Montgomery College hosts fiscal budget meeting


An education budget meeting was held at Montgomery College Rockville campus in the Theatre Arts Arena on Wednesday, Feb. 28. Hosting and facilitating the meeting were Montgomery College’s President Dr. DeRionne Pollard, Montgomery County Public School’s Superintendent Dr. Jack Smith, and Chair of the County Council’s Education Committee Mr. Craig Rice.

Pollard then gave an overview of each Montgomery College campus. She explained how they each built their own academic legacy. The Germantown campus is recognized for it’s outstanding Cyber Security program, the Rockville Campus for Engineering and the TP/SS campus is an excellent choice when it comes to Nursing. She praised how diverse and affordable Montgomery College is. The population of MC is made up of 70 percent PoC. Pollard, as well as an MC staff member from the TP/SS campus, requested funding from the county to construct a new math and science building at the TP/SS campus.

Rice presented Montgomery County’s Operating and Capital budget for the fiscal year July 1, 2018, to June 3o, 2019. He explained that the operating budget will be used to fund K-12 education, transportation, public safety, Montgomery College, while the Capital budget will be used to fund roads, police and fire stations, libraries and much more. He also discussed the estimated total expenditure for Montgomery County this year (2018), which is $5.45 Billion.

The budget dedicated $618 million to Public Safety. The plan is to get more school guards and to have the school doors locked when the students are in class. That enables students, faculty, and staff to have a sense of security.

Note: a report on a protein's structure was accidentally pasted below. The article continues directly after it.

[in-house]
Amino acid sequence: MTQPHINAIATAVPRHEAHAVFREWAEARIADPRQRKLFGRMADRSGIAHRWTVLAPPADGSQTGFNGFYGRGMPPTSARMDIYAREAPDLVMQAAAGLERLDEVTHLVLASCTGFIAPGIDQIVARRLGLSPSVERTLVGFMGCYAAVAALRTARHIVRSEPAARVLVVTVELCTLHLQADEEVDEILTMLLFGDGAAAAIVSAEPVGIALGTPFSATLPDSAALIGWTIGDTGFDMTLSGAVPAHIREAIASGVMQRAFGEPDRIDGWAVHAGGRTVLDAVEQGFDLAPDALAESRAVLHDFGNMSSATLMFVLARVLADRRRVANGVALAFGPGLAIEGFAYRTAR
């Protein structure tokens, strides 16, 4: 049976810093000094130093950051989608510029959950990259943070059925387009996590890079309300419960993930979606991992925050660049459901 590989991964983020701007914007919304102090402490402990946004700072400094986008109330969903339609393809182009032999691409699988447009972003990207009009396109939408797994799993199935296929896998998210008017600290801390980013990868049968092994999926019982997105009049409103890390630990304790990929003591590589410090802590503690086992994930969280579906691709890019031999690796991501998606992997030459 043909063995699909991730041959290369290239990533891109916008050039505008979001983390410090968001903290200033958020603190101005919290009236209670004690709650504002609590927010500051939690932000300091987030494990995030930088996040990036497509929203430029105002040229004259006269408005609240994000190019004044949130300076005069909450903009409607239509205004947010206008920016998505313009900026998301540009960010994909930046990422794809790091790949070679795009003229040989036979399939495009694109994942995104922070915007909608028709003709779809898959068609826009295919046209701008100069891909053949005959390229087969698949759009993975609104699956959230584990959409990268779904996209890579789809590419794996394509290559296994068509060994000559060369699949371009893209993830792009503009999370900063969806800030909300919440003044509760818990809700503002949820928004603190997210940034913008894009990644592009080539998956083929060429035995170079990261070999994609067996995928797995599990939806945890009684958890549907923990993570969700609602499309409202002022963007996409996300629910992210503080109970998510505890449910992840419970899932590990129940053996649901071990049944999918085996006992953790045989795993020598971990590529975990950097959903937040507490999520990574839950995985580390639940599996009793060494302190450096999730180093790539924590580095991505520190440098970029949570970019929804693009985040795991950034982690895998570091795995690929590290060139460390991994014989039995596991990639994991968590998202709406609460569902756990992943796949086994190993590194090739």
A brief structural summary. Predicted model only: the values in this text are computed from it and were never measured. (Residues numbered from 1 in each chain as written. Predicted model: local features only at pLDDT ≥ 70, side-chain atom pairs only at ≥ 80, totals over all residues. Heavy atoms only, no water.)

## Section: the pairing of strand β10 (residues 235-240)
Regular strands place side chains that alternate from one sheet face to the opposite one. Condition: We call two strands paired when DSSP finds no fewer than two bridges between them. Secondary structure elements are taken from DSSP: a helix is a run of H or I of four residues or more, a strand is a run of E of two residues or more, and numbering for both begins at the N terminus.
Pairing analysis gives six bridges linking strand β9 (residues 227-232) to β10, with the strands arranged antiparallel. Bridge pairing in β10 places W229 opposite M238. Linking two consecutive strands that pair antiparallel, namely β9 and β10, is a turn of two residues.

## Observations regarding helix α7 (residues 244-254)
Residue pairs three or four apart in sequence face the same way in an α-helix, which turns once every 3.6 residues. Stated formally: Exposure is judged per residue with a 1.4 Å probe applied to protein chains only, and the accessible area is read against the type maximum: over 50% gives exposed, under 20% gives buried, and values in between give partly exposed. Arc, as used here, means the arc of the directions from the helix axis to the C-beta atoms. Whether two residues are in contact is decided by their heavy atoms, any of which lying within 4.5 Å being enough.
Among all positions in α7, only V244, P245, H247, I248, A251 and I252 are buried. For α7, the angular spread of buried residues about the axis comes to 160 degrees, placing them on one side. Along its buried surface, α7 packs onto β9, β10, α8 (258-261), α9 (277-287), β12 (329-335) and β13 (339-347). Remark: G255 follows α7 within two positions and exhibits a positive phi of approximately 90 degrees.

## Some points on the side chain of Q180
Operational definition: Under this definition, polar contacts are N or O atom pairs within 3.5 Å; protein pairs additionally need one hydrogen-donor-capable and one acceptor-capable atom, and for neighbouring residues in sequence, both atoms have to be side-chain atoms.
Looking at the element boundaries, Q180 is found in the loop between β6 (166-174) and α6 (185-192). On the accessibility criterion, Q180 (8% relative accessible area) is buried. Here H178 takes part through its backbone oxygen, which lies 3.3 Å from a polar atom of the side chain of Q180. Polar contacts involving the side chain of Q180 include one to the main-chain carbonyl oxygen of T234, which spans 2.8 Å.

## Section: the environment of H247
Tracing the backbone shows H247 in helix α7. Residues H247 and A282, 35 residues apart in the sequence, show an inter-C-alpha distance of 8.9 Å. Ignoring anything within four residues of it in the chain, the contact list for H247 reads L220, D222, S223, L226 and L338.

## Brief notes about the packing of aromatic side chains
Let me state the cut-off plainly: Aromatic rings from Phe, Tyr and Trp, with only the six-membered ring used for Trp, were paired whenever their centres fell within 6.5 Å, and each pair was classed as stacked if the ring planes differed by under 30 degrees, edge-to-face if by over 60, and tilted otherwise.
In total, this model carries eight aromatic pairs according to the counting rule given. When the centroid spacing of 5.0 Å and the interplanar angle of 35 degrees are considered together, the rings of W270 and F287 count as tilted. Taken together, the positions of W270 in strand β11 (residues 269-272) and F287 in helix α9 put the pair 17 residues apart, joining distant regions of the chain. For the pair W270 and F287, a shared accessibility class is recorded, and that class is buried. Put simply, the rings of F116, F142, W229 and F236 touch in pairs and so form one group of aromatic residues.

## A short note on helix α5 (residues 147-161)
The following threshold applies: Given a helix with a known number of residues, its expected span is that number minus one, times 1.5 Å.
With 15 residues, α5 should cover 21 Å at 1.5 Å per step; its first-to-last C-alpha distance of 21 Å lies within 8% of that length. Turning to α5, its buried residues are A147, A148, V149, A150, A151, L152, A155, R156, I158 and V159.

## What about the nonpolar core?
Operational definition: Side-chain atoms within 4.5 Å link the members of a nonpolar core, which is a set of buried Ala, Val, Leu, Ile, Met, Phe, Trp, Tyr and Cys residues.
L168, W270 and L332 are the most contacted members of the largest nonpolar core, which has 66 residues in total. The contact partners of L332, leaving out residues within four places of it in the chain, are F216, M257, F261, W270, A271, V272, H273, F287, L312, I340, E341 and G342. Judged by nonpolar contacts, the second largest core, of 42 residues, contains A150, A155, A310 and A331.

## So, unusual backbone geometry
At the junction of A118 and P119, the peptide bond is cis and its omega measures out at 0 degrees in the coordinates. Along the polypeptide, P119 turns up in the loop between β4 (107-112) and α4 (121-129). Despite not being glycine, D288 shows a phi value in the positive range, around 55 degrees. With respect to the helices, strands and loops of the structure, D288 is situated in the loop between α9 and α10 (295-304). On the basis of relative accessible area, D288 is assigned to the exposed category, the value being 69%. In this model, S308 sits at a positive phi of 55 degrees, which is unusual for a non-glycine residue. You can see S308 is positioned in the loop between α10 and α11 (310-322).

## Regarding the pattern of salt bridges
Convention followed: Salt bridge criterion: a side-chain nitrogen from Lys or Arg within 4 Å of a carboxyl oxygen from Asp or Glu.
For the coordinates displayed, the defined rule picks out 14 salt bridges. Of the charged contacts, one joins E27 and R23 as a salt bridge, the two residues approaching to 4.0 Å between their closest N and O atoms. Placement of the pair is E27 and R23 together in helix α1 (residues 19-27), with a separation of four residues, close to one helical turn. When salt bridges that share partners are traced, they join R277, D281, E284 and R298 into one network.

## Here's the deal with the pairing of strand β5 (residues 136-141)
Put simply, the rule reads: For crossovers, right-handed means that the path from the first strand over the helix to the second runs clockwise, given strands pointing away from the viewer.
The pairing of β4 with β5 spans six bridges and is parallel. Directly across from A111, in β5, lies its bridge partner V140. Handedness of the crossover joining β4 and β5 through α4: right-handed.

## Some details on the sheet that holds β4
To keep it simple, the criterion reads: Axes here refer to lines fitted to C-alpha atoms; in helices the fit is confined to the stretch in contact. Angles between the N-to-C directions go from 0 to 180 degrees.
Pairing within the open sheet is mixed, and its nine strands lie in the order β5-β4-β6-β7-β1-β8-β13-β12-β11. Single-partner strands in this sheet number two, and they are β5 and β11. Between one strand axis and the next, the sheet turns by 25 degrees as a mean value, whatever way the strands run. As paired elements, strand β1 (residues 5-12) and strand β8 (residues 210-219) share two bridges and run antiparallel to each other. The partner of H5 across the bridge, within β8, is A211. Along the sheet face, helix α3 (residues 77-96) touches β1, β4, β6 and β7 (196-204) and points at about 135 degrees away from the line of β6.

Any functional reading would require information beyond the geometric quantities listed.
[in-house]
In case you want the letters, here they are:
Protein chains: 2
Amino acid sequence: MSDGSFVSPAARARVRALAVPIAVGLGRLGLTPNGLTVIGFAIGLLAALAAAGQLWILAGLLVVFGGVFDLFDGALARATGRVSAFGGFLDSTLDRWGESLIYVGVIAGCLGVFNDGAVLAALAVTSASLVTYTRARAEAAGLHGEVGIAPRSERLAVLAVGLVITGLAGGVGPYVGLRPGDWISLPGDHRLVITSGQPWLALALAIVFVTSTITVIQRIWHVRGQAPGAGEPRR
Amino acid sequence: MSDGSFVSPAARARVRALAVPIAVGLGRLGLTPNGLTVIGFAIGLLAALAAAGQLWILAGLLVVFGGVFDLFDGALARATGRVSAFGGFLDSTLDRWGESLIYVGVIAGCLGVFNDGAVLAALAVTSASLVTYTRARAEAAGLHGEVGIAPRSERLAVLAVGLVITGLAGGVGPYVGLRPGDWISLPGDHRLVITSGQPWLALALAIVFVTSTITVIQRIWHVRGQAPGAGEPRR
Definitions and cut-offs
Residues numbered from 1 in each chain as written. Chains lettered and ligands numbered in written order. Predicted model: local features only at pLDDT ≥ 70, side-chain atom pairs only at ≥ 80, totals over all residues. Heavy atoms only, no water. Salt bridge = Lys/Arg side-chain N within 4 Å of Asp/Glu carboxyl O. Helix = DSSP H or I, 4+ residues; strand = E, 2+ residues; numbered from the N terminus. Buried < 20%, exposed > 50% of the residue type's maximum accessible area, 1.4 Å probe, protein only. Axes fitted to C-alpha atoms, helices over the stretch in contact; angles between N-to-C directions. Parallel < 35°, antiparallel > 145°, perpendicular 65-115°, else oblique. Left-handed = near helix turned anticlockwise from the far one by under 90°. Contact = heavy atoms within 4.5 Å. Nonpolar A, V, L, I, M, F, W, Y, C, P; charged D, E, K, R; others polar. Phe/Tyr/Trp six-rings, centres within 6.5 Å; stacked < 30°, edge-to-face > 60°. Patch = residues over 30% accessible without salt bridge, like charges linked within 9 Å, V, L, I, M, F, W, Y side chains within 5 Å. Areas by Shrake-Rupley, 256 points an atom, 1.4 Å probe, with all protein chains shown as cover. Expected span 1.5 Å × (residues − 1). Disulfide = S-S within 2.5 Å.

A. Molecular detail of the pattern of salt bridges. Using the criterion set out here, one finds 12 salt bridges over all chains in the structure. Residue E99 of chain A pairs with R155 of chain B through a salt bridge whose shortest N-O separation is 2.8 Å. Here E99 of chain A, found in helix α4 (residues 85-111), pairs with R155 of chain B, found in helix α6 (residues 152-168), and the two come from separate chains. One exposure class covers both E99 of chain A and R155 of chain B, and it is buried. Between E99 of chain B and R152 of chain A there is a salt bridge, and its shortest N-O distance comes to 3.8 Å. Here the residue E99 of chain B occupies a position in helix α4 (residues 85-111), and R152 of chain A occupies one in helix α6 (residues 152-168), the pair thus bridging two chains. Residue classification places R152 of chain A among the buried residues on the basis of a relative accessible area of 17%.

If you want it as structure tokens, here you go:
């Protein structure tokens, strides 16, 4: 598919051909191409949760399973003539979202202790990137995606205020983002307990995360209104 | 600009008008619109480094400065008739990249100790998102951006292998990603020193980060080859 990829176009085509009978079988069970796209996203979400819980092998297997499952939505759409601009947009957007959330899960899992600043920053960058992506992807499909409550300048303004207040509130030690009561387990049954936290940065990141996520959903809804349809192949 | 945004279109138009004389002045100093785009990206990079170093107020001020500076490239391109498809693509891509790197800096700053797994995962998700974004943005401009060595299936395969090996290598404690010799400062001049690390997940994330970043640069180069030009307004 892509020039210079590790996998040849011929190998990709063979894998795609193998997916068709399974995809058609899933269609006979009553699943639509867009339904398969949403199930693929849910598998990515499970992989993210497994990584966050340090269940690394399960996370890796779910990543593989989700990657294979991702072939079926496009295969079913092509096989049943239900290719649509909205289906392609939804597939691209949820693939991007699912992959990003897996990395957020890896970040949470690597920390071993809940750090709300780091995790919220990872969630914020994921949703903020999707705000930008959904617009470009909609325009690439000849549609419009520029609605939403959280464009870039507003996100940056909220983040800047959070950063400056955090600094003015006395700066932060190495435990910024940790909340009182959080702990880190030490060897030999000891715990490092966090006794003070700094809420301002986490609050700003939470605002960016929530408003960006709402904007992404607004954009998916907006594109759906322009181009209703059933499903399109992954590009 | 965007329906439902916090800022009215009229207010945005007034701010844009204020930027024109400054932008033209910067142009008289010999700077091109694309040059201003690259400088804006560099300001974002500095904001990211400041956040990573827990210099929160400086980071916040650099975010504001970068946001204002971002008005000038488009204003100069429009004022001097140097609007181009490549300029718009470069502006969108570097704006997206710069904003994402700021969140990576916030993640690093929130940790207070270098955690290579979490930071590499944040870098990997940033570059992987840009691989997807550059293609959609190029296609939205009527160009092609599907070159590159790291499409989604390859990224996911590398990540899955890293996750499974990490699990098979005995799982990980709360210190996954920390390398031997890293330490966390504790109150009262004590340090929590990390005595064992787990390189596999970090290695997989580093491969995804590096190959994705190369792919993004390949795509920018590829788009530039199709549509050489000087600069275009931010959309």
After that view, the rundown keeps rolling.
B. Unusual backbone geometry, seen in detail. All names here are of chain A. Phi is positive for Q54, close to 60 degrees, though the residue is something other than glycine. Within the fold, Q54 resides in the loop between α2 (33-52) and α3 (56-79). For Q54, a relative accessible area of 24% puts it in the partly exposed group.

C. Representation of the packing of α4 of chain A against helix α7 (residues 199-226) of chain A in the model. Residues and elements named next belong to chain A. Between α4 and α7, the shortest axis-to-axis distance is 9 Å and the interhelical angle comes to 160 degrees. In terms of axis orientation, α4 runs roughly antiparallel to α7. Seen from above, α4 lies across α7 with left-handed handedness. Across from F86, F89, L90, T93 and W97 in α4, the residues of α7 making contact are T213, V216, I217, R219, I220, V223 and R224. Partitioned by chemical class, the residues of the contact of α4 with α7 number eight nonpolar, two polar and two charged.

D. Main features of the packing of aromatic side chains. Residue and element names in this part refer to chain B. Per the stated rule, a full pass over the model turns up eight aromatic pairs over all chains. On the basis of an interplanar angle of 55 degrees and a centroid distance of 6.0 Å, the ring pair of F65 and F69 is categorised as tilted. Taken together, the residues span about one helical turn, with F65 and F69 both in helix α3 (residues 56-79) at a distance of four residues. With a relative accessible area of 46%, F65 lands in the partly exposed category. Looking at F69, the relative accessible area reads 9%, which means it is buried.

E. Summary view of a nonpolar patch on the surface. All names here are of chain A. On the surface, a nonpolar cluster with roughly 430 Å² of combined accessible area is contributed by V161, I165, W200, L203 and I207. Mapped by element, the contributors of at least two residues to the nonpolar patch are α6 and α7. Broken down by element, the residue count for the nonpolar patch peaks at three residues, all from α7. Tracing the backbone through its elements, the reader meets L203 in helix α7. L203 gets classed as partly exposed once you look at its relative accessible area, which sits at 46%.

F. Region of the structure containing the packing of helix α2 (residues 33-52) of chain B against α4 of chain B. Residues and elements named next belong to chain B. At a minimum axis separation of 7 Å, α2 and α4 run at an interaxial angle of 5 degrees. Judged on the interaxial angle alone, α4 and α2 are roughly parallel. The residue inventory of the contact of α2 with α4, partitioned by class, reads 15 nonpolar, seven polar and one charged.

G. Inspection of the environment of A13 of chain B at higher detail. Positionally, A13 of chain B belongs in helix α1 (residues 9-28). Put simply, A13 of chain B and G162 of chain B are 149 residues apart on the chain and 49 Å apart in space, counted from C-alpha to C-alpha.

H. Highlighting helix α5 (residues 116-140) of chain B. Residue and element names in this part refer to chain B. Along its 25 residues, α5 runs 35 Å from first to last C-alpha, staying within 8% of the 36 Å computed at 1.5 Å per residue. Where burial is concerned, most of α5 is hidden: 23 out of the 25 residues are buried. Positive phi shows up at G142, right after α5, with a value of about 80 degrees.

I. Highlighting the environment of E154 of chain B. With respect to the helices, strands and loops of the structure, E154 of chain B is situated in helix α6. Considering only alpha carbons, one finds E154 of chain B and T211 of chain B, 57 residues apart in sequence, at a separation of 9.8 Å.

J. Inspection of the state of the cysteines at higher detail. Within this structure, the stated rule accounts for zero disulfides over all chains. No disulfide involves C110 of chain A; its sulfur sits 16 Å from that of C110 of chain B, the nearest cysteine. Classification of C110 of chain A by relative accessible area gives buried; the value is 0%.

Smith then discussed the Montgomery County Public Schools fiscal year 2019 operating budget. He plans for Montgomery County Public Schools to reach out to students who have dropped out of schools and encourage, motivate, and do as much as possible to get them back in school. That includes both college and high school students.

Smith explained how lower-income students, students that come from a foreign country and students that do not speak English are more likely to struggle in school and there is much that needs to be done to help them. He even went on to highlight the fact that 74.4 percent of our teachers, in the Montgomery County, are white. “Our teachers don’t look like us,” he said. That, certainly, is an issue. He explained that the mission they have for all Montgomery County students is to get us “from Pre-k to jobs.” Who could disagree?

At the end of their presentation, they gave room for questions. An elderly man stood up and ask a shocking question. He asked Smith to assure him that under no circumstances will firearms be given to Montgomery County Public School teachers. Smith affirmed.Good news—Montgomery County teachers will not become classroom spies anytime soon.